It should also be appreciated that users may change their settings and preferences, e.g., at any time. New document format criteria may be determined based on each new user preference.
It should also be appreciated that in some embodiments a user may over-ride a suggested, “optimal” format. For example, if the server suggests placing ads in a 12-point font scrolling banner ad (e.g., to achieve formatting with an optimal CTR), the user may instead configure the ad as a 14-point ad in the upper left corner of the document. In some cases where the user chooses a less-than-optimal ad format, the resulting format may still be influenced by format preference information. For instance, the server may suggest only the top five ad formats for a given user preference, and the user may select among those five—all of which have desirable (although not necessarily optimal) performance. Thus, the ultimate format may still be based on format performance information because the available user selections throughout the site creation process (and/or formatting process) may be based on format performance criteria. In this way, the ultimate format for a document such as a webpage may still reflect document format criteria determined by the server based on format performance information during the format determination process.
In block 350, one or more concepts may be associated with the user network site based on keywords and/or content, e.g., content in (or otherwise associated with) the site. Concept association may occur automatically, e.g., by scanning the text of the site to identify dominant concepts. For example, if a user blog discusses milk and mentions the concepts of cows and milk several times, then the site may be associated with the terms milk and cows. In some embodiments, the user may identify keywords for association with the site (or portion thereof). For example, the user may identify the keyword “rock and roll” for a blog that focuses on local band performances. The user may also identify a keyword for a specific section of the site. For instance, if the same blog provides a weekly movie review at the bottom of a specific webpage, the bottom of the webpage may be associated with the keyword “movie.” Keywords and other concepts associated with the site may be used for selecting documents such as advertisements for display on the site.
In block 360, a request for a document associated with the user network site may be received, e.g., by the server. For instance, when an entity such as a user requests a webpage of the network site, the content provider may request one or more advertisements for display in the website.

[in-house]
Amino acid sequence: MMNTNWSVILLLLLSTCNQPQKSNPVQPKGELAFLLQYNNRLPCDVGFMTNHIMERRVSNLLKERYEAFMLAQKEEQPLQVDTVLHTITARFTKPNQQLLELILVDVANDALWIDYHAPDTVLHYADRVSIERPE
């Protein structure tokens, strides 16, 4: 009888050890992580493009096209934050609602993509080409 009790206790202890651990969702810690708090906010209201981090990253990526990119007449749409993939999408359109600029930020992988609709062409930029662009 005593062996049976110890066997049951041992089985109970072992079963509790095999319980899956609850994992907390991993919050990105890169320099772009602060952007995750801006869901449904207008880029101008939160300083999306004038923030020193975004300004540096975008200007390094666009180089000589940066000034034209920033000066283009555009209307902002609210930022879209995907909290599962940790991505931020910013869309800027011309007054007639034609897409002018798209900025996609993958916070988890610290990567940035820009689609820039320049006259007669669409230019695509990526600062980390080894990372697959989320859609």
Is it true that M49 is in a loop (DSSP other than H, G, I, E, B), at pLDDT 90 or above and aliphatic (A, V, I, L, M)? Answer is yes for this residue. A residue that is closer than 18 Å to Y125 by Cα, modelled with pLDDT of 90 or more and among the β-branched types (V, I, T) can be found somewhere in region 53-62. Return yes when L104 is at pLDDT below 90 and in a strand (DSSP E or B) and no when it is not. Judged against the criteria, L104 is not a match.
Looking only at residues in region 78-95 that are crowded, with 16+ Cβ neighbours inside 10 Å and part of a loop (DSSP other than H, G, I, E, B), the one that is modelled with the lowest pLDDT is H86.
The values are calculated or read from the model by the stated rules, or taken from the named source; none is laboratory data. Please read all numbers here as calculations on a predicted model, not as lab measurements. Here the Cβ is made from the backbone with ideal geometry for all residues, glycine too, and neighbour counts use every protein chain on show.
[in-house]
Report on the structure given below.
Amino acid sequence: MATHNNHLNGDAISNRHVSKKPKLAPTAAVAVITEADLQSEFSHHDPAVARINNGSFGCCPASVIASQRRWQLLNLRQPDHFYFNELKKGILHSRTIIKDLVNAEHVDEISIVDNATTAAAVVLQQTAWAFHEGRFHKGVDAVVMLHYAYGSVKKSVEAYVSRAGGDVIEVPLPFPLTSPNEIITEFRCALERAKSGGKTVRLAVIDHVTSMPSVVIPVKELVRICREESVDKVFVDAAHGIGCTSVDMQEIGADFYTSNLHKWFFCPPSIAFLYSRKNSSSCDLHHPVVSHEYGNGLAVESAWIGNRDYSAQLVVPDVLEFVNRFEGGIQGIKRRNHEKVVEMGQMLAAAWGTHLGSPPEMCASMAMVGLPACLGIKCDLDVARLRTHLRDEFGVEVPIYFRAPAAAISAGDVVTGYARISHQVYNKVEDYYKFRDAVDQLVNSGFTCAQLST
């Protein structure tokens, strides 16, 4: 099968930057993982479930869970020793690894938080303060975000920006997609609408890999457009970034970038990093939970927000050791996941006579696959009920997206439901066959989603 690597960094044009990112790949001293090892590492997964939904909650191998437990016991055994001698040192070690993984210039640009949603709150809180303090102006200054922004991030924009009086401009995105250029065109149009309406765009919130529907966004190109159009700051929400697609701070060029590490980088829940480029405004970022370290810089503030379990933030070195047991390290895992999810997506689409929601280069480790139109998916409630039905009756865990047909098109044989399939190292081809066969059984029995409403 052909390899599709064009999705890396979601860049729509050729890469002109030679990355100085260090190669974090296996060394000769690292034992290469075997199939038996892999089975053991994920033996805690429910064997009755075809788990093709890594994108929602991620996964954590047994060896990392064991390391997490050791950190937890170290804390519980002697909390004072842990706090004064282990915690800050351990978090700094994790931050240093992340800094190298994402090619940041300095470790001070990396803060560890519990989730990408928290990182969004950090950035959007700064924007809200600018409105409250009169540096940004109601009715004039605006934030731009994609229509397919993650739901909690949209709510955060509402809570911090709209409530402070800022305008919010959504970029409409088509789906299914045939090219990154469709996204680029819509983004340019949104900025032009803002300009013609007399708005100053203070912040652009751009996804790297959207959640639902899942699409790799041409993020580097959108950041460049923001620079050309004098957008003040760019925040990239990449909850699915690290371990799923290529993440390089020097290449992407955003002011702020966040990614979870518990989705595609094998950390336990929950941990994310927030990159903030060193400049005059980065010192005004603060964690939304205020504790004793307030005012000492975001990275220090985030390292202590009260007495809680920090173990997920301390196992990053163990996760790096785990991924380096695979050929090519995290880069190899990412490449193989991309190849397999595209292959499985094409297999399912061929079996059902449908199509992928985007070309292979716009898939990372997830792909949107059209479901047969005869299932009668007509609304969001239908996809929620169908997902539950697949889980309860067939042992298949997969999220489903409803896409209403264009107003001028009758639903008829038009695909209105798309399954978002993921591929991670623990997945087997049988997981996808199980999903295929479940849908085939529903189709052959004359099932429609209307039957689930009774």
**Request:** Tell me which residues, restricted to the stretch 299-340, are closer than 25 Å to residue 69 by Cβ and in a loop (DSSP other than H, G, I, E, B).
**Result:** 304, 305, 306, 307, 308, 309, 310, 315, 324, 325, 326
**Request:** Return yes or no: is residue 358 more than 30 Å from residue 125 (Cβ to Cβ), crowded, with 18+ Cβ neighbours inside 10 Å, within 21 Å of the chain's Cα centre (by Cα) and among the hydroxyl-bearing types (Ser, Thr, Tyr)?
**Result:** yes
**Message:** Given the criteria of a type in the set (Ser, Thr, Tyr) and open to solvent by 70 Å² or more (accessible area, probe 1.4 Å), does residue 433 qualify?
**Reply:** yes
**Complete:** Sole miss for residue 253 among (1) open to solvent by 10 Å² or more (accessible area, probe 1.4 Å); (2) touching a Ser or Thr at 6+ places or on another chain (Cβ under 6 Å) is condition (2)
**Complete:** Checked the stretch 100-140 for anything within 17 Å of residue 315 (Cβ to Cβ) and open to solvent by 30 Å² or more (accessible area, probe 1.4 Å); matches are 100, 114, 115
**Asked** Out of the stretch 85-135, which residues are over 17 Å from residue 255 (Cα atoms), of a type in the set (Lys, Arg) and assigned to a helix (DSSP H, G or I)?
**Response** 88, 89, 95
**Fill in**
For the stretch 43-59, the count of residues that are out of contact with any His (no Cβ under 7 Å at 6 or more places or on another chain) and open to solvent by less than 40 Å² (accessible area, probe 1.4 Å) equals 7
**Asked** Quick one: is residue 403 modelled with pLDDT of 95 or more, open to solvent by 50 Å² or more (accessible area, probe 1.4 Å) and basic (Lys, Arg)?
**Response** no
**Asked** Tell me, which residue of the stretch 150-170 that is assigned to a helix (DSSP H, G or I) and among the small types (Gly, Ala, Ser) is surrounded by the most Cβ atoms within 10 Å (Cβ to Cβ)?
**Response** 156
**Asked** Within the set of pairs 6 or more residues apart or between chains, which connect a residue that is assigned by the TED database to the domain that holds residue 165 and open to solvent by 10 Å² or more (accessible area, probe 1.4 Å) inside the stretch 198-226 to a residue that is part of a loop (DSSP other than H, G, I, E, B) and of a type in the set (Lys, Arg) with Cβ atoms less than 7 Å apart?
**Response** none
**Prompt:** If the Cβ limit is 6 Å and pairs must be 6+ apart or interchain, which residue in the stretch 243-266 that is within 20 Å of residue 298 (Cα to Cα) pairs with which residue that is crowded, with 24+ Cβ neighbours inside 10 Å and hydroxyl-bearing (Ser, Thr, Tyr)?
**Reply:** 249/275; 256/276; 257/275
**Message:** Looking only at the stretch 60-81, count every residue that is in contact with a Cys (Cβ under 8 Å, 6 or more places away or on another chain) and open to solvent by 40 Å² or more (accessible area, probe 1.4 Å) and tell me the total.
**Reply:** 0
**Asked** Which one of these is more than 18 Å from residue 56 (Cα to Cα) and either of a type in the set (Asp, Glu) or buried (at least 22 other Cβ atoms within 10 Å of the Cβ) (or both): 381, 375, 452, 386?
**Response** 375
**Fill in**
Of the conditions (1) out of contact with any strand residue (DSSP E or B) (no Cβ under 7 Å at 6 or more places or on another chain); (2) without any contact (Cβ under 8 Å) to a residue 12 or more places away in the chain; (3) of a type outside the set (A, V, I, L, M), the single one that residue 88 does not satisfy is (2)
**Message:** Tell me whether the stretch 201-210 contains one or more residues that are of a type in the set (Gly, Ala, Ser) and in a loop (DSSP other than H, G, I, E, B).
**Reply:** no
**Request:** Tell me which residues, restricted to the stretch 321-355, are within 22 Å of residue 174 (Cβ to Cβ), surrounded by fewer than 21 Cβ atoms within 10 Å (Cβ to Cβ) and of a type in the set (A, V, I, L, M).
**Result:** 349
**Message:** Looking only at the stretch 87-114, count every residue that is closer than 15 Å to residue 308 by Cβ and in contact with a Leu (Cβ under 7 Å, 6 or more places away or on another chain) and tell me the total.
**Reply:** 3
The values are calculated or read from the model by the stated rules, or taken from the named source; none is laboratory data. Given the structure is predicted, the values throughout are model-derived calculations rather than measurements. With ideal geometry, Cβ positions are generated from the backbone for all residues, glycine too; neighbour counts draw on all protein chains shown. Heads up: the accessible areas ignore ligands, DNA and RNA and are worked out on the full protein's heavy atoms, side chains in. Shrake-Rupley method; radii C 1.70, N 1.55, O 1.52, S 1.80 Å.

In block 370, one or more documents may be selected based on preference criteria and/or a relevance to the user network site. For instance, the server 2 may select one or more ads for display in the webpage, e.g., as requested by the entity in block 360. In some embodiments, ads may be selected based on their relevance to a keyword or content in the webpage. For example, if the website discusses milk (or if the keyword is “milk”), then one or more milk ads may be selected. In some embodiments, ads may be selected pursuant to an auction or other process as described in the patent applications incorporated herein. For example, selection may be based on a bid, cost per click, ad content, and other factors.
In block 380, one or more documents (e.g., the selected documents) may be output for display via the network site according to the determined document format criteria. For example, three selected advertisements may be output in the blog page to the requesting entity. The advertisements may appear on the webpage in the format determined in block 340. For example, if the document format criteria of block 340 specified an upper-left position and red color, then the three selected advertisements may appear in a red color in the upper-left portion of the blog page.
In block 390, a selection of at least one of the plurality of ads may be received. For instance, three milk-related ads may appear at the top-left of the webpage requested by the entity, and the entity may select the top-most ad. Performance information related to this ad and to its format may be recorded and processed. As new performance data is received and processed, different formats may be determined to be optimal. The site format may be modified according to the new performance information.